IN LATE OCTOBER 1987, Barack Obama and Jerry Kellman took a weekend off from their jobs as community organizers in Chicago and traveled to a conference on social justice and the black church at Harvard. During an evening break in the schedule, they strolled around campus in their shirtsleeves, enjoying the unseasonably warm weather. Two-and-a-half years earlier, Kellman had hired Obama to organize residents of Chicago's South Side. Now, Obama had something to tell his friend and mentor. It had to do, in part, with his father.
Political conventions have a public and a private face. The respective parties and their nominees carefully control how each looks. John McCain’s campaign is trying to keep some of his and Sarah Palin’s positions on policy out of the public eye--meaning out of prime time speeches, and in some cases even out of the public forums that take place during the day and are open to the media. These omissions are as important to what the convention means as the speeches themselves. They show what candidate wants to hide from the public--until after he is elected. 1.
Randy Orr is a truck driver and a member of the Teamsters Union. He is also a Republican delegate from Houston. This is his first convention, and he is delighted with it. "I never finished my degree in college. I remember the one class I took that I enjoyed was political science. It was a Democrat that taught it, and he talked about being a delegate. Now I'm one." He decided to become active in Republican politics because of his faith. "I grew up in the church, and after about four or five years, I realized that anything that affects you or me, God is interested in it," he says.
I. The Barack Obama campaign has been floundering. If he had a lead in the polls in late June--and the summer polls are notoriously fickly--he clearly lost it by the convention’s beginning. And so far, the convention--dominated, ironically, by the Clintons--has not particularly helped. Bill Clinton and Joe Biden performed quite well last night, but if Obama fails to deliver a spellbinding oration tonight, the Democrats could be in for a long and disappointing fall. Why is Obama in trouble?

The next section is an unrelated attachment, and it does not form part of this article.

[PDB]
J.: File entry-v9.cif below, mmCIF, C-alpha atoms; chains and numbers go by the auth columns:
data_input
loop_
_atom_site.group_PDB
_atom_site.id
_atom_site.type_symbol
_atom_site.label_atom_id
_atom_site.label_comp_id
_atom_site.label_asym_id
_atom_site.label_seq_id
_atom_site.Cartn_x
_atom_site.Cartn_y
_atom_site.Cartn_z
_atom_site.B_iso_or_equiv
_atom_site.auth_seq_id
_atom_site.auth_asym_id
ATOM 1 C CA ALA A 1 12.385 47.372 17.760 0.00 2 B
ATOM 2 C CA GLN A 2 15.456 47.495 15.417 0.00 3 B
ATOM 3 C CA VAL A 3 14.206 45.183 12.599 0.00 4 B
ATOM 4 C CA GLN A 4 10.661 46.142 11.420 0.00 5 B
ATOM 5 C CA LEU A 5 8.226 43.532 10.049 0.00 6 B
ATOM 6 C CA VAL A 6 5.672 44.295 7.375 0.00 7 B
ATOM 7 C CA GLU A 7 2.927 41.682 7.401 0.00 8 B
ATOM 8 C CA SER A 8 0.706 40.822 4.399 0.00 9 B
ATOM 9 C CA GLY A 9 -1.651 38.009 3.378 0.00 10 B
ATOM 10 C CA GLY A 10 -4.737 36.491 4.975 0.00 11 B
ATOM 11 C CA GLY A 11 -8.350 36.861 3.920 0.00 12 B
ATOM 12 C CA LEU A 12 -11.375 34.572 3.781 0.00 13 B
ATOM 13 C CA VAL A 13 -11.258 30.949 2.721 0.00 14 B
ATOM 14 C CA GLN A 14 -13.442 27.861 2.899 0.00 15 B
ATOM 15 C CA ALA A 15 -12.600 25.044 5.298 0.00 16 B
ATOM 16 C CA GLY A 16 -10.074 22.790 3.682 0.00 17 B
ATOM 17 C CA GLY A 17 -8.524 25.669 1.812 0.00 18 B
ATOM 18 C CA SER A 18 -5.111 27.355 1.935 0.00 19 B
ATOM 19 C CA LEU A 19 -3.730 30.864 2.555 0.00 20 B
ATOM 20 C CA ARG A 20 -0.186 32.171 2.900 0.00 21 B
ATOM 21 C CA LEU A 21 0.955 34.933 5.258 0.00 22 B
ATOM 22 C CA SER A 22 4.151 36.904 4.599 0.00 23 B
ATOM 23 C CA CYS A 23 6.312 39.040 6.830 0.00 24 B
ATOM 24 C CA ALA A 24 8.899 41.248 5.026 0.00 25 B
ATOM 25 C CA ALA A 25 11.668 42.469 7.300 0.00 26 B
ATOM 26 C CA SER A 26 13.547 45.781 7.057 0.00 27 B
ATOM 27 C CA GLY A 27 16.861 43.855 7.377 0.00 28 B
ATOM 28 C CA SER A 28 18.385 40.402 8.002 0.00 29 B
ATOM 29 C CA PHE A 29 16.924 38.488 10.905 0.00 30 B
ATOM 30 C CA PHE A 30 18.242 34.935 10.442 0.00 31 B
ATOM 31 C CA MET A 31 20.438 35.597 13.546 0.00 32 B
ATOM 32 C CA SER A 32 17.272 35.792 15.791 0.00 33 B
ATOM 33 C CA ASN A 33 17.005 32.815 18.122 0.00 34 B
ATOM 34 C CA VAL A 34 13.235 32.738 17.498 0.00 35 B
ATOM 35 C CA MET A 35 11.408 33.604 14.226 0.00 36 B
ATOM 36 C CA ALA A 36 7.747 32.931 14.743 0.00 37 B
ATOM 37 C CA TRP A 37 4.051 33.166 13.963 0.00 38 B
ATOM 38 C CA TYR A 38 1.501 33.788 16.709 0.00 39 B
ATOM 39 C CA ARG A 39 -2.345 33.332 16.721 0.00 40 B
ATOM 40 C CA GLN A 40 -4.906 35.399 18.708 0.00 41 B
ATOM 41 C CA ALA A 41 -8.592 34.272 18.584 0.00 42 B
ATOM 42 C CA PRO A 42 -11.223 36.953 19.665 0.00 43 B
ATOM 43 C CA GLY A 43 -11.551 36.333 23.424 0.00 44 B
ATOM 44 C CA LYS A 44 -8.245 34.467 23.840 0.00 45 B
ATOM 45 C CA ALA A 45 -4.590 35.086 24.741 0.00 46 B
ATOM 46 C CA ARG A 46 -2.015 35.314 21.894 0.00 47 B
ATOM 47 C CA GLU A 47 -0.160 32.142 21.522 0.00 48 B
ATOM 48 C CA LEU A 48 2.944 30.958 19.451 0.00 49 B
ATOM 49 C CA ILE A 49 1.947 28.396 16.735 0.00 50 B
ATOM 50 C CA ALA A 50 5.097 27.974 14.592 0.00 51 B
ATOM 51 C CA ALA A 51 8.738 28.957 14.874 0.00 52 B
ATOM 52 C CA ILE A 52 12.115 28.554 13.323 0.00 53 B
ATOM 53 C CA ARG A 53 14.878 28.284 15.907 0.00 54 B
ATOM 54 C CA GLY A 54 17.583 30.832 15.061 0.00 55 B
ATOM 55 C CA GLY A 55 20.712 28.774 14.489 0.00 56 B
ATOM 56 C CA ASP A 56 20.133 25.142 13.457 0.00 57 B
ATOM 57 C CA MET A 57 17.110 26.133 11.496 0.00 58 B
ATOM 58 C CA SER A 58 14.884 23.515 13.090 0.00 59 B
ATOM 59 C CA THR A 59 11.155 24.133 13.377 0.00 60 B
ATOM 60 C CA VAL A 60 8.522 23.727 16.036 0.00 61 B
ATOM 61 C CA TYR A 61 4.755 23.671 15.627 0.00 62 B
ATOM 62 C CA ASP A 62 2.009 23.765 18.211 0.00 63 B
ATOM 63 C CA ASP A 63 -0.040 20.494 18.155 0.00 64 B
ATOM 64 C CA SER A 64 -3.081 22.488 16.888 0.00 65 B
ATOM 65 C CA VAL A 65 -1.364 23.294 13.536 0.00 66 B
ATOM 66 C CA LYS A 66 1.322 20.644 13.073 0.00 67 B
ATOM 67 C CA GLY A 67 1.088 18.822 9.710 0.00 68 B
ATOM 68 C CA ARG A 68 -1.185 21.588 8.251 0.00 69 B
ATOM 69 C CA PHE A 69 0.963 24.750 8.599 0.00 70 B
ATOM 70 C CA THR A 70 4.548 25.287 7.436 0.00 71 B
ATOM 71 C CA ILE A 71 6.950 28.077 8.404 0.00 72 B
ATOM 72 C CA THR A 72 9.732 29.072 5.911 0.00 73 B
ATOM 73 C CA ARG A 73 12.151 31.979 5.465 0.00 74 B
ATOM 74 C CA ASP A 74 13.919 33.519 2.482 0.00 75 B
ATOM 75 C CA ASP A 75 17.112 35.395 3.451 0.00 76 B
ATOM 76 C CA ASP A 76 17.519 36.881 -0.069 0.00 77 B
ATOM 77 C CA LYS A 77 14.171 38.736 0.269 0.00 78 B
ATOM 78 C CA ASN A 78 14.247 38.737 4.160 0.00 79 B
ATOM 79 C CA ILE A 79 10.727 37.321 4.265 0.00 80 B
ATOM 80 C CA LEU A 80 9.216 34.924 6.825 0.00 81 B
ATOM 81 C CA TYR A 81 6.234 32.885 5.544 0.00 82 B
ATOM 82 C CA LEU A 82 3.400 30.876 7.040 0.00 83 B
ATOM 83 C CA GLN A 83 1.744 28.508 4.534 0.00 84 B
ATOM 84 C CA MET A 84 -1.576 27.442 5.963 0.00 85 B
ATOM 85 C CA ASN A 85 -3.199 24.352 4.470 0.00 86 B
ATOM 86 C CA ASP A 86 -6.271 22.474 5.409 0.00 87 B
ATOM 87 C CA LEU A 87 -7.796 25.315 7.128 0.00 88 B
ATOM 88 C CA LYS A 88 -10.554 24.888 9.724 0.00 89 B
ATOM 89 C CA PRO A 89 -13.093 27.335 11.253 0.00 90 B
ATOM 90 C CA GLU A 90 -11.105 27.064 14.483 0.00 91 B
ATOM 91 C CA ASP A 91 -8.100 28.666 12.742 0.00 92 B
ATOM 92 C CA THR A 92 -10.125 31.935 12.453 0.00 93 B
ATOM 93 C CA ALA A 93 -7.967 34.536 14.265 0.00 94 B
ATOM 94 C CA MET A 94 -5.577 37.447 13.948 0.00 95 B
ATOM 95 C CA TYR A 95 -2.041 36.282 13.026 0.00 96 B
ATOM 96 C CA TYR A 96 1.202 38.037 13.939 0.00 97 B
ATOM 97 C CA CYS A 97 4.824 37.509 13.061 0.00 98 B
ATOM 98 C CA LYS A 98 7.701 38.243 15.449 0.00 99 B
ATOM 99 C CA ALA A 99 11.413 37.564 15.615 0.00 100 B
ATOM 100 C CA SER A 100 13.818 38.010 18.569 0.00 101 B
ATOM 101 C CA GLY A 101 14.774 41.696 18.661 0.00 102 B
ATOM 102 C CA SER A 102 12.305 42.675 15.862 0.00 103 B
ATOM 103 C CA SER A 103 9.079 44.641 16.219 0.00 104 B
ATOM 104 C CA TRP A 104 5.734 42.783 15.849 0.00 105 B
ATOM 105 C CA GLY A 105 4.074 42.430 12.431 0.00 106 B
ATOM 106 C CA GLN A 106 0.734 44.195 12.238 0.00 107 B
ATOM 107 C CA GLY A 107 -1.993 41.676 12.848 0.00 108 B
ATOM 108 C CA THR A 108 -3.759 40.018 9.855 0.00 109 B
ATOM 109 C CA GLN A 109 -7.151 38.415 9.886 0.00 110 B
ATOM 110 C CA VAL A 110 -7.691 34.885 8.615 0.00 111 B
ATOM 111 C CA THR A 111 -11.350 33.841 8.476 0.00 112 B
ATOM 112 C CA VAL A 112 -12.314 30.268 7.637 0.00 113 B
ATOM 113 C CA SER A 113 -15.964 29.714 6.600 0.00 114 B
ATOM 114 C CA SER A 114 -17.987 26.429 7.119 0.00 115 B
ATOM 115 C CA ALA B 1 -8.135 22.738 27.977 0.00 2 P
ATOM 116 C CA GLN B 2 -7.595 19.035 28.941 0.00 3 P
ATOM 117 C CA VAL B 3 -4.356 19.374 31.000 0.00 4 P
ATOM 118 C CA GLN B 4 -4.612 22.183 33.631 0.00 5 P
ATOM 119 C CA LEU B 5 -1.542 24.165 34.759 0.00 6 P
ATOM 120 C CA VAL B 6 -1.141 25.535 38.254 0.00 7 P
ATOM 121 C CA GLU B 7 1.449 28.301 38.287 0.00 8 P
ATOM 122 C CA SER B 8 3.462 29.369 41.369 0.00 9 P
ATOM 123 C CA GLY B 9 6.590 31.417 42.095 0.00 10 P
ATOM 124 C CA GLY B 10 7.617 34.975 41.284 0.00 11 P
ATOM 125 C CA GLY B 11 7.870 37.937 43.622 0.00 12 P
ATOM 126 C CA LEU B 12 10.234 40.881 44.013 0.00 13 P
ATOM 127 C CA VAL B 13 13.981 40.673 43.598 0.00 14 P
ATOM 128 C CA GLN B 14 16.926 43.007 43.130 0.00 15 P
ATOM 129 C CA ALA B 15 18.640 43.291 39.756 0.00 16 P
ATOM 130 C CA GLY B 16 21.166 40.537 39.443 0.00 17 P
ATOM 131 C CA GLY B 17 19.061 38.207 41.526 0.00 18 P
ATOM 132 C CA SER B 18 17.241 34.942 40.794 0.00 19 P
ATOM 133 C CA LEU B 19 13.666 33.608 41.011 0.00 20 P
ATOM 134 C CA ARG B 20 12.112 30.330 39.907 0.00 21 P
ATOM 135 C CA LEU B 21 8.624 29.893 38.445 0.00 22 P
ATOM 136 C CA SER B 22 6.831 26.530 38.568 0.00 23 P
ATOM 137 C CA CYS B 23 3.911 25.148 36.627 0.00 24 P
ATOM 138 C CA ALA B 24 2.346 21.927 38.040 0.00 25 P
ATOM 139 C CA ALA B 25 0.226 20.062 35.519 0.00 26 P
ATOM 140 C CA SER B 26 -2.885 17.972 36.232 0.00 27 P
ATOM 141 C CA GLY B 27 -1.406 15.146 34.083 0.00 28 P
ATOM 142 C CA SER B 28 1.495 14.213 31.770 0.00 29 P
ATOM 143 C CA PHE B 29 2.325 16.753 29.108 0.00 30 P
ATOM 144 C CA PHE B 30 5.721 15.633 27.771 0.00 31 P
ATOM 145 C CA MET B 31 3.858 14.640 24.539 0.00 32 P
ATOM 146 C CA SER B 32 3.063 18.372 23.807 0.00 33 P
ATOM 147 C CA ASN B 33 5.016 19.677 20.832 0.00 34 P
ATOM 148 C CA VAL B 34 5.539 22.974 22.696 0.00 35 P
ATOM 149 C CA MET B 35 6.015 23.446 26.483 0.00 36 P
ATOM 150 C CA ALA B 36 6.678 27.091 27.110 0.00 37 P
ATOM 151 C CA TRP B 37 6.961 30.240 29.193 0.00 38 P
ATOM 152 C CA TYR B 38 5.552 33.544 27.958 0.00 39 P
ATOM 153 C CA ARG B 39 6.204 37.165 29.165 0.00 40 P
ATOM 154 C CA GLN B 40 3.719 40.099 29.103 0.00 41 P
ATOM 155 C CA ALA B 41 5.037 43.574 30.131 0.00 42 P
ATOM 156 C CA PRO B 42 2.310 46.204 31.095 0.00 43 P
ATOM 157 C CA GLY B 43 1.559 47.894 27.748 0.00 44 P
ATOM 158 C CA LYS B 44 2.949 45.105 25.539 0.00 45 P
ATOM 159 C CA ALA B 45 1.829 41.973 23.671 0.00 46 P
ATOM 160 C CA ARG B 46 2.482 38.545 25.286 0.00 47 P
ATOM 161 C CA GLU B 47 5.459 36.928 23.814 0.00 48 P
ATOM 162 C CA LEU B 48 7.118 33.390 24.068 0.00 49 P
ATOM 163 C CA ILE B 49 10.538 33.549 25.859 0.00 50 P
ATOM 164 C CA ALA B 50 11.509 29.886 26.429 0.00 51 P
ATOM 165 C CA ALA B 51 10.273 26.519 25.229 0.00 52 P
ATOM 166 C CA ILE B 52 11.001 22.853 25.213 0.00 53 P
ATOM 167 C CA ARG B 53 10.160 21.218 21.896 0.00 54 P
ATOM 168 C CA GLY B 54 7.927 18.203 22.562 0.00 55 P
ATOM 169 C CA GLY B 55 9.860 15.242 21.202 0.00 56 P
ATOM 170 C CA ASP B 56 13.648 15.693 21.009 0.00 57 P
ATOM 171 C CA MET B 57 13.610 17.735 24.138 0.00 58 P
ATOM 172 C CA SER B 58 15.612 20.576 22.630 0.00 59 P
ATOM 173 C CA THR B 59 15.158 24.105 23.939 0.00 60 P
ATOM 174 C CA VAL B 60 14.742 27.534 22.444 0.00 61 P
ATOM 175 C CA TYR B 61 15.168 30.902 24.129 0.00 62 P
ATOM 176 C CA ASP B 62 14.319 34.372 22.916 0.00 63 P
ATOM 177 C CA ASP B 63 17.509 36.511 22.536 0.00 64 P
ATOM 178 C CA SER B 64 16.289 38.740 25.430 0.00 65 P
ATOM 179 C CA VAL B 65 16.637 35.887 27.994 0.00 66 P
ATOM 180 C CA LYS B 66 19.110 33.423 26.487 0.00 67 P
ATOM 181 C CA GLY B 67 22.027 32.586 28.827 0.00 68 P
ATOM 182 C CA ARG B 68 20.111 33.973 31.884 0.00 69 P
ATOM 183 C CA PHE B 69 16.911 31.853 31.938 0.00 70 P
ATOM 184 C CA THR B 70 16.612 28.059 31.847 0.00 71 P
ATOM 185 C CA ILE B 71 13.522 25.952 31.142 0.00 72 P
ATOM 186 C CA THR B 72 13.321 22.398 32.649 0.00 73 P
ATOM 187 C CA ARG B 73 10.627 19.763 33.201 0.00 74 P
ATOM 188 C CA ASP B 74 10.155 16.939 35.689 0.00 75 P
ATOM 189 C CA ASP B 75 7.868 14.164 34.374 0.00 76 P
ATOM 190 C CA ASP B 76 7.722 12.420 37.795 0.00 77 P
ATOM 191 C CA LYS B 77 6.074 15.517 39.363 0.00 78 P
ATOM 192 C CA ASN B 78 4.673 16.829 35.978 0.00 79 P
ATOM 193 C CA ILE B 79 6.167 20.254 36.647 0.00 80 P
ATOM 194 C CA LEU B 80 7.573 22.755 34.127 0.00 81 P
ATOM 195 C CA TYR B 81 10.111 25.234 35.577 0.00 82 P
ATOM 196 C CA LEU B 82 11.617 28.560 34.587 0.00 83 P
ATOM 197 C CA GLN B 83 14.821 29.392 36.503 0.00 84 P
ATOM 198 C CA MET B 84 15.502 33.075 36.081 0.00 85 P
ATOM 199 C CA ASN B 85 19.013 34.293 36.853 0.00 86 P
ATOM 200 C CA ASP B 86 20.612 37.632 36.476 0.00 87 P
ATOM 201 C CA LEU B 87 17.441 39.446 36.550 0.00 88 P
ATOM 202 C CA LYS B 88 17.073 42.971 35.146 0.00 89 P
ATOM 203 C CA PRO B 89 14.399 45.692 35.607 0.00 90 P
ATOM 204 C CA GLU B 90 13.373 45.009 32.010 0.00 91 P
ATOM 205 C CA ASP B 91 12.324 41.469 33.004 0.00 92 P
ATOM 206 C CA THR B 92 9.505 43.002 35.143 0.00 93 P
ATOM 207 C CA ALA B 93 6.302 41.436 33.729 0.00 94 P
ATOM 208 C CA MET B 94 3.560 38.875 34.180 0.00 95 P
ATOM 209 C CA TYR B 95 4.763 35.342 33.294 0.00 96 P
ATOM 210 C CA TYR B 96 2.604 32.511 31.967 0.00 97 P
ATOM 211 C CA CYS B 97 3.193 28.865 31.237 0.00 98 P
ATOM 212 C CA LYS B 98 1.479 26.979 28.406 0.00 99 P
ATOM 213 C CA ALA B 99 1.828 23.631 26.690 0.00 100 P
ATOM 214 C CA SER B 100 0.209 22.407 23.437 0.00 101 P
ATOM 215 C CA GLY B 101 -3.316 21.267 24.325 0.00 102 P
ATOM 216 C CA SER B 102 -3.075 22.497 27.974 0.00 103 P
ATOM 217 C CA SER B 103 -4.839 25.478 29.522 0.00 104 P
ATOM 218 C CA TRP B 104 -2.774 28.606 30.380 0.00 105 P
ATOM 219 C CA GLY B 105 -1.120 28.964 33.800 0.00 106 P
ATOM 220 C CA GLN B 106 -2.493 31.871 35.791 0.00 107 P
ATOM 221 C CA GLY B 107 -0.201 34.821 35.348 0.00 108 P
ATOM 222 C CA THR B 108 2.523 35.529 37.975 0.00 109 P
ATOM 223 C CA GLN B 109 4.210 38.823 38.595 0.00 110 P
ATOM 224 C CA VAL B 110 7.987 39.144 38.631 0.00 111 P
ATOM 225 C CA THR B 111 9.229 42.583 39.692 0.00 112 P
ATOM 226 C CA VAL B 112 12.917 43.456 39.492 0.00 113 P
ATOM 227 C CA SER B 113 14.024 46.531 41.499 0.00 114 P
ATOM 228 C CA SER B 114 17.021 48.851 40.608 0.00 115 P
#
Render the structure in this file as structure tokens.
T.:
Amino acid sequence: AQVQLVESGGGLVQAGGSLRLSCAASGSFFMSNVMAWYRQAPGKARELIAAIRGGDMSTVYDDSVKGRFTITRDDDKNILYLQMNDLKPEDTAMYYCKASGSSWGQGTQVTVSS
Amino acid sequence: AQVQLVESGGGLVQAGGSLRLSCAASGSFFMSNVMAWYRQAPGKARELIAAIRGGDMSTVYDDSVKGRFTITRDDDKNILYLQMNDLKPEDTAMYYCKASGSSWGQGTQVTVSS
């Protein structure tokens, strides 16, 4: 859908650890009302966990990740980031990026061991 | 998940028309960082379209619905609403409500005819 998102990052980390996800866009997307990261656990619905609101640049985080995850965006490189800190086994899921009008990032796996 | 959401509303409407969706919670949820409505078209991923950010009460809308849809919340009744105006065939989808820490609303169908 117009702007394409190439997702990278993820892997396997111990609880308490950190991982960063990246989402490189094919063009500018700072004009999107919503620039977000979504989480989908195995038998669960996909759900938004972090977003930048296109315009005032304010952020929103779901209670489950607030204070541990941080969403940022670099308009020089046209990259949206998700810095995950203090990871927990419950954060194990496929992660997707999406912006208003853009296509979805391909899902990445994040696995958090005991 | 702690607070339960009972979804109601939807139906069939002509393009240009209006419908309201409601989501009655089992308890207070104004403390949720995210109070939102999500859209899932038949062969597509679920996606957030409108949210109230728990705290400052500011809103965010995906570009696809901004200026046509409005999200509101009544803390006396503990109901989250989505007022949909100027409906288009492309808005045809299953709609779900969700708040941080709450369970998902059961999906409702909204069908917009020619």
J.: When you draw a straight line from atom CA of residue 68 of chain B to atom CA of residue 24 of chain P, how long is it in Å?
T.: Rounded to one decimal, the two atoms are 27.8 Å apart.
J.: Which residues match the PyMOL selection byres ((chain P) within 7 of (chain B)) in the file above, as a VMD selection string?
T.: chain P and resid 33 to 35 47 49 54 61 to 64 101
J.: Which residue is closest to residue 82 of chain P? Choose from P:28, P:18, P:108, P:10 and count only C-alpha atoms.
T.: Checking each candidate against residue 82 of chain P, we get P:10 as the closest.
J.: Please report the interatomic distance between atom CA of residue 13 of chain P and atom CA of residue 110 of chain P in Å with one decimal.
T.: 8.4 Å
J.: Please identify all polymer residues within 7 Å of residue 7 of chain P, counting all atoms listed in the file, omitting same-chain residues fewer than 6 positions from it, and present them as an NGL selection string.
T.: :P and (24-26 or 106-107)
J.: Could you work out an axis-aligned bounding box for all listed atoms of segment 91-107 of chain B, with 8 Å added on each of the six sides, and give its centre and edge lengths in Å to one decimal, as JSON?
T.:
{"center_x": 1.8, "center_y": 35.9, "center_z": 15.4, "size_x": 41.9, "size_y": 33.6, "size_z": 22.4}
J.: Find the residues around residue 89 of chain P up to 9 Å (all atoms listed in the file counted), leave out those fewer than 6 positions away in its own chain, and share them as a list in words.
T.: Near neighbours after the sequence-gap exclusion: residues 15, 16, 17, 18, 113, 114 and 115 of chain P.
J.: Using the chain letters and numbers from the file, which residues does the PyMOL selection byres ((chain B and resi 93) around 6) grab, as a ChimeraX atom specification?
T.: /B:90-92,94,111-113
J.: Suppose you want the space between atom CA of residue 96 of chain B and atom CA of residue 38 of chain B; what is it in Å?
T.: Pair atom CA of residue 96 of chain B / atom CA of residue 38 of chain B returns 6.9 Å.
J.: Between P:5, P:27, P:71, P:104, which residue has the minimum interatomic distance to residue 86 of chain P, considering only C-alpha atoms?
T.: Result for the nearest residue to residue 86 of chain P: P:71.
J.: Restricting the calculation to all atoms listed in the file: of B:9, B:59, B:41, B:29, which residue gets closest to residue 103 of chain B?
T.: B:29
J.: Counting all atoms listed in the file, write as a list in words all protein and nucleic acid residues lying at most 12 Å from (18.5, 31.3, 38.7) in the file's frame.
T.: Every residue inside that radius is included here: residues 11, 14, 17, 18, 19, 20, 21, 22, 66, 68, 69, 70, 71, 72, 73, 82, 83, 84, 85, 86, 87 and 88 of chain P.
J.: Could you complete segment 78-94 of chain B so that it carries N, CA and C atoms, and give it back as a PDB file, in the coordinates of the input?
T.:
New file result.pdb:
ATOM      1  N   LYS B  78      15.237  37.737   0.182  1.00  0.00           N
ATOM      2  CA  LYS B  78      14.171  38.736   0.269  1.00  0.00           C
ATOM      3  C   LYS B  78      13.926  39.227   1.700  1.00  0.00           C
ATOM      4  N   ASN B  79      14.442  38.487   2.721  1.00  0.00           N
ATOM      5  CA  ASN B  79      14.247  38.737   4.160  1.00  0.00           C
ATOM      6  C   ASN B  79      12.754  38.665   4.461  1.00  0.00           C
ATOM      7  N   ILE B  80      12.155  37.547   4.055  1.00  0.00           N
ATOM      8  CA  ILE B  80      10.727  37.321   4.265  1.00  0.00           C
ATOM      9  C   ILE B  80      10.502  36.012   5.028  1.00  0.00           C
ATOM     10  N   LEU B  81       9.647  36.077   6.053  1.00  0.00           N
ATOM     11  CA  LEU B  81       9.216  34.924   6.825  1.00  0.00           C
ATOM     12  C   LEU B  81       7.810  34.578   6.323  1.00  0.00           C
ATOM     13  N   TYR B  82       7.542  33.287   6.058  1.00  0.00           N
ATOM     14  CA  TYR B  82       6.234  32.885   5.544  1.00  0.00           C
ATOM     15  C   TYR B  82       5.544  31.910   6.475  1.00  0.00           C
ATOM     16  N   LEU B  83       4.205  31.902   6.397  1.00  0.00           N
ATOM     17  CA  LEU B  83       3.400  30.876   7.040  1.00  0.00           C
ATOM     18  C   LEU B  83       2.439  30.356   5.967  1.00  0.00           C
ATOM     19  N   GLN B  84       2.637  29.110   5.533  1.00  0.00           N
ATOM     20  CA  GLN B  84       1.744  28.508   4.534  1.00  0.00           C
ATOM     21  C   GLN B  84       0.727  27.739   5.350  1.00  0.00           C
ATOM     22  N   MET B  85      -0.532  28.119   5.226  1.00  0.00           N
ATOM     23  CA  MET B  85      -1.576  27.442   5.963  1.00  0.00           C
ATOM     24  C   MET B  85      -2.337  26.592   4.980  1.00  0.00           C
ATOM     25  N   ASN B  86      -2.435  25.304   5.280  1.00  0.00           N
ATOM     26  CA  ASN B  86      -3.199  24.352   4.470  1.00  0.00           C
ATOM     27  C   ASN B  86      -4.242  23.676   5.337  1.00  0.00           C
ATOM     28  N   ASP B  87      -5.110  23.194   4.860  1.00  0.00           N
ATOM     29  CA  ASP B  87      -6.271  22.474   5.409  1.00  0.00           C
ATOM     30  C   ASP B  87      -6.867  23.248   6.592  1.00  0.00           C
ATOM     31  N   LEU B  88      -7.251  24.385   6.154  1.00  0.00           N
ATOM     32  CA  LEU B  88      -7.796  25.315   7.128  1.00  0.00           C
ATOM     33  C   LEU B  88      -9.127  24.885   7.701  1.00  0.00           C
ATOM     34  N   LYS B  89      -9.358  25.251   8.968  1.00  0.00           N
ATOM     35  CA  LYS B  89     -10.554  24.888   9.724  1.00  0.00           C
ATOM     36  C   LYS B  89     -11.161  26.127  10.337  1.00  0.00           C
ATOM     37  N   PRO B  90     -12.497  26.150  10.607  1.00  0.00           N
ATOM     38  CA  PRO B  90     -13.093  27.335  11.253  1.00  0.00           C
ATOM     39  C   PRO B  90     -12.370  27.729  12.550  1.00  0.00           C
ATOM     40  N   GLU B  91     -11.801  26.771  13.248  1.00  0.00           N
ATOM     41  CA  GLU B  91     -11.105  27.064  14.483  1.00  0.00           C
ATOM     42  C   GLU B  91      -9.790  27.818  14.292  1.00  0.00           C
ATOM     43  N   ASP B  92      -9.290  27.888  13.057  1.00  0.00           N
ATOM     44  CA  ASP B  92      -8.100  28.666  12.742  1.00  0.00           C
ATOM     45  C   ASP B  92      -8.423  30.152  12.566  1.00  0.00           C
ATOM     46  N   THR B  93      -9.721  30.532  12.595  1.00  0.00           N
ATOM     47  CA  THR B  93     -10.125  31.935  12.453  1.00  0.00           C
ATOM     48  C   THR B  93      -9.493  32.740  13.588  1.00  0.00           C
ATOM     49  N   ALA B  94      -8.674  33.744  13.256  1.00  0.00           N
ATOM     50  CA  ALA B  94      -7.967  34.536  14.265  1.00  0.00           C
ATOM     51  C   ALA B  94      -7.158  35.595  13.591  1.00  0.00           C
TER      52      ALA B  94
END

John McCain likes to compare himself to Theodore Roosevelt, Barry Goldwater, and Ronald Reagan. But, if he were to become president, could he more closely resemble Richard Nixon? Not Nixon the Watergate dirty trickster, but Nixon the statesman.
Dear Editor: It is unfortunate to see John Judis recycling discredited allegations by the controversial government "watchdog," the Independent Review Board (IRB). The IRB was installed to root out mob influence in the Teamsters, but with the mobsters now out of the picture, this lavishly paid unit uses its unchecked authority to take sides in internal politics, curtail free speech and ride rough shod over due process against any union official they target.
Now that he has clinched the Democratic nomination, pundits will mostly gauge Barack Obama’s prospects in the general election by looking at states he can win or constituencies he can carry. But there is another dimension to his candidacy: He represents a social group that was once on the margins of American politics, but now aspires to put one of its own in the highest office. This has happened once before in U.S. politics: when American Catholics saw one of their own nominated to be president.
The issue of race is the longest-lasting cleavage in American politics. It is also perhaps the least understood. The open exploitation of racist sentiment by vote-hungry politicians was for centuries a durable American tradition.
I am not going to get into the game of saying whom Barack Obama should choose to be his vice-presidential nominee. I am chastened from having argued for John Kerry to pick John Edwards in 2004. And I am not going to say whom he shouldn't choose either. But I want to suggest that there are pitfalls to his endorsing the "dream ticket" of himself and Hillary Clinton, which prominent Clinton supporters like Diane Feinstein are promoting. There are two arguments for Obama choosing Clinton: one is plausible; the other is bogus.
Tuesday's results replicated much of the Democratic race during the last two months. Hillary Clinton once more showed her strength and Barack Obama's weakness among white working class voters in Midwestern swing states, while Obama proved his hold on young and college-educated voters in states where a new post-industrial economy has developed, and where college-educated voters make up about half of the Democratic electorate. For Obama, the question will be how to capture enough of these white working class voters in November to defeat Republican John McCain.